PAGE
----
Diffraction is only visible, when the effect is larger than the sensor pixels. The pixels of the 36 MP sensor are larger as the pixels of the K-3, so diffraction is a smaller problem, you can use a smaller aperture.
The the full frame lenses should have a larger physical aperture than APS-C DA lenses, so you should see diffraction later at a higher f-stop. Compound that with larger pixels and you should be able to go higher.

People knock dxomark, but I like using their tool to see the sharpness at different apertures. You can typically see when diffraction affects the lens/sensor combo.
03-20-2016, 10:16 PM   #12
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QuoteOriginally posted by ppppsssstttt Quote
The the full frame lenses should have a larger physical aperture than APS-C DA lenses, so you should see diffraction later at a higher f-stop. Compound that with larger pixels and you should be able to go higher.
Since the f stop is a ratio of focal length and doesn't include image circle I assume you are comparing the equivalent field of view which will use a longer focal length lens for the same basic shot from the same location. Even so it was my understanding that f stop impact on diffraction only cared about the pixel size and f ratio, not the absolute aperture measurement.
03-21-2016, 01:40 AM   #13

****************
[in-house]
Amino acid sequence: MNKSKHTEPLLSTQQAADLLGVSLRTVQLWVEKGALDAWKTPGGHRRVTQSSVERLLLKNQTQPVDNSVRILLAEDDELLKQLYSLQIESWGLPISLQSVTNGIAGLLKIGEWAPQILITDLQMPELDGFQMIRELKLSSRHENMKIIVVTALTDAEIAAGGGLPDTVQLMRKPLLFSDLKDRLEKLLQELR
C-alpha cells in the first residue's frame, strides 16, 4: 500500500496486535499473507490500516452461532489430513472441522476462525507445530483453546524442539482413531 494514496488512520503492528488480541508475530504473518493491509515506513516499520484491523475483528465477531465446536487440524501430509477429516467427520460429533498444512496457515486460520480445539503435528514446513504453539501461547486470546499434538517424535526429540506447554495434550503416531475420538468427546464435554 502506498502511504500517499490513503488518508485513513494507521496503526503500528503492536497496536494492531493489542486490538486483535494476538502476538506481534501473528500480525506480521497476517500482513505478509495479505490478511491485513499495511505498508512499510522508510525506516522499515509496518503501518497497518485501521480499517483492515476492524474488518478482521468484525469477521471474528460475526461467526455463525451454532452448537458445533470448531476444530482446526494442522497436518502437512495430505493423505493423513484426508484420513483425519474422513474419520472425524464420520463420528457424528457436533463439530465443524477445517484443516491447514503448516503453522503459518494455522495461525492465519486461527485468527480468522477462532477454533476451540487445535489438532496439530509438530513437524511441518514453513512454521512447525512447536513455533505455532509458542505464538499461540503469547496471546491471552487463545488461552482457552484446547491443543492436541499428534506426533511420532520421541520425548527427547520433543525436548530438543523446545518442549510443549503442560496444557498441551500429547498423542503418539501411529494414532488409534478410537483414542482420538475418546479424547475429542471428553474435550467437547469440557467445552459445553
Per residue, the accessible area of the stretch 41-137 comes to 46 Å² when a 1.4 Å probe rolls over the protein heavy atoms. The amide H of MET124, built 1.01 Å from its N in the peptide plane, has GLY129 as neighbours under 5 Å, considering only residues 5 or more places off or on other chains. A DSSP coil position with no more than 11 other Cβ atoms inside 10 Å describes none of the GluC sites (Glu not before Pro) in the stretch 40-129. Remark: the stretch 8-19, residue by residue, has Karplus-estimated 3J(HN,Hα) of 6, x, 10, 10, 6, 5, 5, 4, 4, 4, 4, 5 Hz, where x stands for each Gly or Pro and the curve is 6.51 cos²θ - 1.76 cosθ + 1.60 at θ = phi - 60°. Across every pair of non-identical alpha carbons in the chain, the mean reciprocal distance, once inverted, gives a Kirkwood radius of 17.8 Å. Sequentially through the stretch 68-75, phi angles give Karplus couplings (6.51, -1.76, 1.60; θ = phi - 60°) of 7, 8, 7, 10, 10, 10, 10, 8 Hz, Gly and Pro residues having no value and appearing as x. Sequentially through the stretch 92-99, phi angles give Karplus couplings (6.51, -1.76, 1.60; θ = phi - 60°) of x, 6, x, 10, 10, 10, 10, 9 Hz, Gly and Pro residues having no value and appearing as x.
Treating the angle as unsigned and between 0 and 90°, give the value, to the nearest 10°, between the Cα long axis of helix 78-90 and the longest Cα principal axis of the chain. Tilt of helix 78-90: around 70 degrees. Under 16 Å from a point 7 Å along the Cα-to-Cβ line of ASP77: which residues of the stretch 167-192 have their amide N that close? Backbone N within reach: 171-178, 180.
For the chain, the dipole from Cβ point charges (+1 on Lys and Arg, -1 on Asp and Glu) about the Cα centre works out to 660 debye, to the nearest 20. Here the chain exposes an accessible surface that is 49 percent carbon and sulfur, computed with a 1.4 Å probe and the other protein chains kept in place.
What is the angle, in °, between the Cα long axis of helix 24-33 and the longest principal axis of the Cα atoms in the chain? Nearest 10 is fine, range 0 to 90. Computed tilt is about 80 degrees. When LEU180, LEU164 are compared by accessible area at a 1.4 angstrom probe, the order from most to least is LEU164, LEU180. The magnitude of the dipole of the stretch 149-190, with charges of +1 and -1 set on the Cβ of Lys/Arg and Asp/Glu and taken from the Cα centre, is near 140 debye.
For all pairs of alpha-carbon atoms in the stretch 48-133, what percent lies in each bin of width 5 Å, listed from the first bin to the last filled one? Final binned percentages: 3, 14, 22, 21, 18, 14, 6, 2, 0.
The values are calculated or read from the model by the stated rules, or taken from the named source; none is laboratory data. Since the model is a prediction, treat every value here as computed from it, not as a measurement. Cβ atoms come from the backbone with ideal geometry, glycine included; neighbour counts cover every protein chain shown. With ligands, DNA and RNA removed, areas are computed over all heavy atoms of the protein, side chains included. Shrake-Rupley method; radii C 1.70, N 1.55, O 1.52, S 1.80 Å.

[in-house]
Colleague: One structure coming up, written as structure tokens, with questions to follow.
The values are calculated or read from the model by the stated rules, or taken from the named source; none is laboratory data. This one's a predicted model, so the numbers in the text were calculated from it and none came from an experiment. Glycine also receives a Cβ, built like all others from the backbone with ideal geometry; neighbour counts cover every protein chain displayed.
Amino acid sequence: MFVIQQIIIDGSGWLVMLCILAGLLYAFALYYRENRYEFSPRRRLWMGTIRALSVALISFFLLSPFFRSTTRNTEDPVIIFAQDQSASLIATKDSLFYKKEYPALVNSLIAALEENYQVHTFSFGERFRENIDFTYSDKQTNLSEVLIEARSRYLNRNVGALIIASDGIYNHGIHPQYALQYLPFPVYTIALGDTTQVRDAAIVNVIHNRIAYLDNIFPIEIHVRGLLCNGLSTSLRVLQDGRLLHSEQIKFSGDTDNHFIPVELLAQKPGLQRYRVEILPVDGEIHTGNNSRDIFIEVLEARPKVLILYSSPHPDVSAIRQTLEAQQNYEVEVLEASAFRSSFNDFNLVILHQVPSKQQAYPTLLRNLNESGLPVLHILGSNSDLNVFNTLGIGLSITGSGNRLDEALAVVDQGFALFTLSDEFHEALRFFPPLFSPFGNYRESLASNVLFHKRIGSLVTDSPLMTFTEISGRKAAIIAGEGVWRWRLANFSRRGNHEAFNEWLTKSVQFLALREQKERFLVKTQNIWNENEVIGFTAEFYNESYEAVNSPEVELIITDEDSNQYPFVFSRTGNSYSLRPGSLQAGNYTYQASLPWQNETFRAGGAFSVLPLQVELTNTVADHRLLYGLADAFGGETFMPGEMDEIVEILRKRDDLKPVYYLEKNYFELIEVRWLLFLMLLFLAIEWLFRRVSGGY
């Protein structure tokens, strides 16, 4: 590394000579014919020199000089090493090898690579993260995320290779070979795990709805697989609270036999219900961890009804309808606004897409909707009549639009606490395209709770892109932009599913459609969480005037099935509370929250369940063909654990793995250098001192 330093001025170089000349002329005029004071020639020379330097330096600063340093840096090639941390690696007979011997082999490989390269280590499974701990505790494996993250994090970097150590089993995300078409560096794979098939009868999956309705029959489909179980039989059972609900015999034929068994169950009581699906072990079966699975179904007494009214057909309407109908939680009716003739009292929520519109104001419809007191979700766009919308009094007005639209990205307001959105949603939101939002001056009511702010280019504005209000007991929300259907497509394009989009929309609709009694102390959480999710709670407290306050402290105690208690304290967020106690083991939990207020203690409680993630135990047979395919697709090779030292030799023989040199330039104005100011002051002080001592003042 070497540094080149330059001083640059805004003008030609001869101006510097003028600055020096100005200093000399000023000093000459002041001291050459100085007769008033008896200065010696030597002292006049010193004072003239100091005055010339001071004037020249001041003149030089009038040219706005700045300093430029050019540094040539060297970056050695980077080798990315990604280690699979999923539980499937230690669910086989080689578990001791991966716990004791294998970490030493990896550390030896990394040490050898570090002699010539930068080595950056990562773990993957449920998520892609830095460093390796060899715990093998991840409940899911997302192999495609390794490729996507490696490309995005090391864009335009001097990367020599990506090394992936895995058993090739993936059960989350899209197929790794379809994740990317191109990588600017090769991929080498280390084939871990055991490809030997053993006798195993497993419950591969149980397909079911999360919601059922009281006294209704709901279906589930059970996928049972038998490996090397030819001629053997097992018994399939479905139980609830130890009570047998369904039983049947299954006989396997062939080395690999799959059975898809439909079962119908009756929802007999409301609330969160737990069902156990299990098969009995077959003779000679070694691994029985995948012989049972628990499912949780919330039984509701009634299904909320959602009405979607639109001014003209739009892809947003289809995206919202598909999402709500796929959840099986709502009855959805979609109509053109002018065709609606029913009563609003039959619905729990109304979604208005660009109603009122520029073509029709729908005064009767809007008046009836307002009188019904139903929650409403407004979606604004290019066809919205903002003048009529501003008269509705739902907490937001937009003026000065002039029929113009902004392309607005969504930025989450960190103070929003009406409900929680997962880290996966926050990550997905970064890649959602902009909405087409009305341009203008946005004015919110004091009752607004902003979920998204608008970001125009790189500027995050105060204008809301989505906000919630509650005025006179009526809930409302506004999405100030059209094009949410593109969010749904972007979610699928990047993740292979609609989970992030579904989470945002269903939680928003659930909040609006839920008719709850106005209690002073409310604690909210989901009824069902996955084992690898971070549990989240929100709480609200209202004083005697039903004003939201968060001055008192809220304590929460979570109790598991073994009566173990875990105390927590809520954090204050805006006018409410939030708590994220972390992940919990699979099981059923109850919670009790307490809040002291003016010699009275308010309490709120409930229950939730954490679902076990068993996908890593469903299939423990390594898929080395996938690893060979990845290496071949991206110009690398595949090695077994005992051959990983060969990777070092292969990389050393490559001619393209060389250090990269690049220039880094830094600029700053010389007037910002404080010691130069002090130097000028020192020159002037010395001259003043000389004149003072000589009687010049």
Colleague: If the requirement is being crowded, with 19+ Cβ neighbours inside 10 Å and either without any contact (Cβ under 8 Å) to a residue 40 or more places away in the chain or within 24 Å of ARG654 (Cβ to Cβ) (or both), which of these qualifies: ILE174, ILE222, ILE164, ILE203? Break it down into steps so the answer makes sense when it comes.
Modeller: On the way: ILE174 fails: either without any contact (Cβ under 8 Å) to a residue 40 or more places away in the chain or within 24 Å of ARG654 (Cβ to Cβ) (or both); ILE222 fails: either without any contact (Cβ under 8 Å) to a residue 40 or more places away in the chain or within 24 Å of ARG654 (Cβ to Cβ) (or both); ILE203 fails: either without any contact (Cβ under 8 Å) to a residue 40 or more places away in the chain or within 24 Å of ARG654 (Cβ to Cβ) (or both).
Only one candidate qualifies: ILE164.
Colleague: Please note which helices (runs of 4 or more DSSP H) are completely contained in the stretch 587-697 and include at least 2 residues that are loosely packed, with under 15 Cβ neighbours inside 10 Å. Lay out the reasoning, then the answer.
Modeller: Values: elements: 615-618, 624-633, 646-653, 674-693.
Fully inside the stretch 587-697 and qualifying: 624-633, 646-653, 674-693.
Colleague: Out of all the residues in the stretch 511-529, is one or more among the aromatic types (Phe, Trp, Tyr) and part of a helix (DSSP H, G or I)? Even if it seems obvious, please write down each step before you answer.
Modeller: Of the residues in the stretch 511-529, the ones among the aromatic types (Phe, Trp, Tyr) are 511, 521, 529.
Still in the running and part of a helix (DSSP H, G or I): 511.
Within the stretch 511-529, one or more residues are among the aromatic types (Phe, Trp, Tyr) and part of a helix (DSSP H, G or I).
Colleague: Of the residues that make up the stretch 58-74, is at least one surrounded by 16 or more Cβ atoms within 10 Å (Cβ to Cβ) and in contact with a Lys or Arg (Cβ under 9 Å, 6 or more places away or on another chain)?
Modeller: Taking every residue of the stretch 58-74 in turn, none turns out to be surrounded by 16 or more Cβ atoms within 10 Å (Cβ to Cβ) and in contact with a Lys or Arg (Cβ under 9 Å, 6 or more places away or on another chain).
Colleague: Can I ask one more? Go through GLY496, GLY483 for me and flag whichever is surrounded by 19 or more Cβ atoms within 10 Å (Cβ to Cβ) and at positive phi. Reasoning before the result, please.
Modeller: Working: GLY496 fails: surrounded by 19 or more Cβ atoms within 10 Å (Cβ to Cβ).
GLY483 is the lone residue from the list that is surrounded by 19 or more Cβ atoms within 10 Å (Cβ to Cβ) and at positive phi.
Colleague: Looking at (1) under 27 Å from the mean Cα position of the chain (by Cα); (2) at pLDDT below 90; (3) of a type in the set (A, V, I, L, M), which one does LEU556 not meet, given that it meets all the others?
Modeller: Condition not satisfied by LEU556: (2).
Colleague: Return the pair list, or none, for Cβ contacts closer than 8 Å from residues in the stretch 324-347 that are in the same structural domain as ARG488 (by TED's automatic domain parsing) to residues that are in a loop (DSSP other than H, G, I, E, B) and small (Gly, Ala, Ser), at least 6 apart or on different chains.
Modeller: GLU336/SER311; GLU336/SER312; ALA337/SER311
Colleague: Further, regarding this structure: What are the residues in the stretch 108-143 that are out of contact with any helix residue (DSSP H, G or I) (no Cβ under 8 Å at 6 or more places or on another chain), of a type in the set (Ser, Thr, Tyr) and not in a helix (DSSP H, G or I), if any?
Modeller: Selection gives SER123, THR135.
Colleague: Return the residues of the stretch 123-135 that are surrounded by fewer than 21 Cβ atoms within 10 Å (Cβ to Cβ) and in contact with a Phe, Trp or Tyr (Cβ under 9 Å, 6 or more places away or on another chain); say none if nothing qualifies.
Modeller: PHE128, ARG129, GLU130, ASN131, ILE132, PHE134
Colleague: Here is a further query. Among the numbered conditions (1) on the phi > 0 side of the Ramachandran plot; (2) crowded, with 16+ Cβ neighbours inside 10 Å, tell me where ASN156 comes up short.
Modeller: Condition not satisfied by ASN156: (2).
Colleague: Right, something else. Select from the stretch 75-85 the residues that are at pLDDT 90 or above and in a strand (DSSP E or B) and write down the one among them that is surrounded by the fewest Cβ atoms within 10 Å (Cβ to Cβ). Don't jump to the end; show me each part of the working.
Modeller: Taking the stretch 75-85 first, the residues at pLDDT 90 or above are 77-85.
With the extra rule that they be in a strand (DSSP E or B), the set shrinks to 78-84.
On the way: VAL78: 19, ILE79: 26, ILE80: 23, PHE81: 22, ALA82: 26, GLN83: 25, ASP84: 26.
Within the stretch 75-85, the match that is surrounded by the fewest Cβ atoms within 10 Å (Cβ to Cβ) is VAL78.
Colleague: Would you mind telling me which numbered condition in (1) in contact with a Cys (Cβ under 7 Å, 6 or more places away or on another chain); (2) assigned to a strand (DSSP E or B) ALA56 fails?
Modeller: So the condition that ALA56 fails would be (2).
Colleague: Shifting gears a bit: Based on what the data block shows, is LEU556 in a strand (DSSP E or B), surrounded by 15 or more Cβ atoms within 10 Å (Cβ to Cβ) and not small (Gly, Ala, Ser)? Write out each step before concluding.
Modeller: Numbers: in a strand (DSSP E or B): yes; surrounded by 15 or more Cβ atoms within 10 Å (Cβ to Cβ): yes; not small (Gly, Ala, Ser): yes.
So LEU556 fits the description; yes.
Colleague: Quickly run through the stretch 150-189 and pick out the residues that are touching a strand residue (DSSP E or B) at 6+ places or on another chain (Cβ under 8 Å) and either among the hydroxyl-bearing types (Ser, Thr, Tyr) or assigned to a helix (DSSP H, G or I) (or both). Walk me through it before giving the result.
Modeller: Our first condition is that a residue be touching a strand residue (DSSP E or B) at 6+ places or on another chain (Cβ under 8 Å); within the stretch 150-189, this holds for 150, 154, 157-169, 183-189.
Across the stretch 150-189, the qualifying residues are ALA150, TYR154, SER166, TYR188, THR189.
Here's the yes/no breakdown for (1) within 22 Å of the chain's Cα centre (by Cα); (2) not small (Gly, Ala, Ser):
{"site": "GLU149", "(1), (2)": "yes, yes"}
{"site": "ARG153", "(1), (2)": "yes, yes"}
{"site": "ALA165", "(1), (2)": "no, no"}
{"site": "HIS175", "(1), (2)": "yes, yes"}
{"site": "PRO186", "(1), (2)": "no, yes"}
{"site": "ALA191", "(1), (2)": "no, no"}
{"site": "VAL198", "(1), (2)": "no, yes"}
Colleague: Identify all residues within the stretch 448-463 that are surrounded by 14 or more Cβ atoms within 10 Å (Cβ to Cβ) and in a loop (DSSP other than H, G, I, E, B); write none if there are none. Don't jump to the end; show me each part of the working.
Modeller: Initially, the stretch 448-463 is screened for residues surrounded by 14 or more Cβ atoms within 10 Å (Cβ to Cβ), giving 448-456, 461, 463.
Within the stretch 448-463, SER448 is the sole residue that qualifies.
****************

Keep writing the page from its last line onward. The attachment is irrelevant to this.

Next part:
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QuoteOriginally posted by UncleVanya Quote
diffraction only cared about the pixel size
Pixel size for "usual" approaches is completely irrelevant, unless your approach is to look at the pixel level (which is completely valid, but a very different one).
If that is the case though, you'd need to only consider this with regards to diffraction, but with regards to all effects.
For a starter for dummies you'd also have to only look at the "screen" tab on DxOmark for any results for example.
Which then will quickly lead you to understand that you gain absolutely nothing from a FF sensor.
03-21-2016, 10:16 AM - 6 Likes   #14
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I frequently shoot at diffraction-limited apertures in order to get the depth of field I desire in landscape compositions - f/22 on the 645Z, f/16 on fullframe, f/11 on APS-C. I also print big, 40" x 30" being my standard size and a recent print order was 54", so I need to combat diffraction. The solution for me is to use a deconvolution sharpening algorithm in the capture sharpening stage when I'm developing the raw file.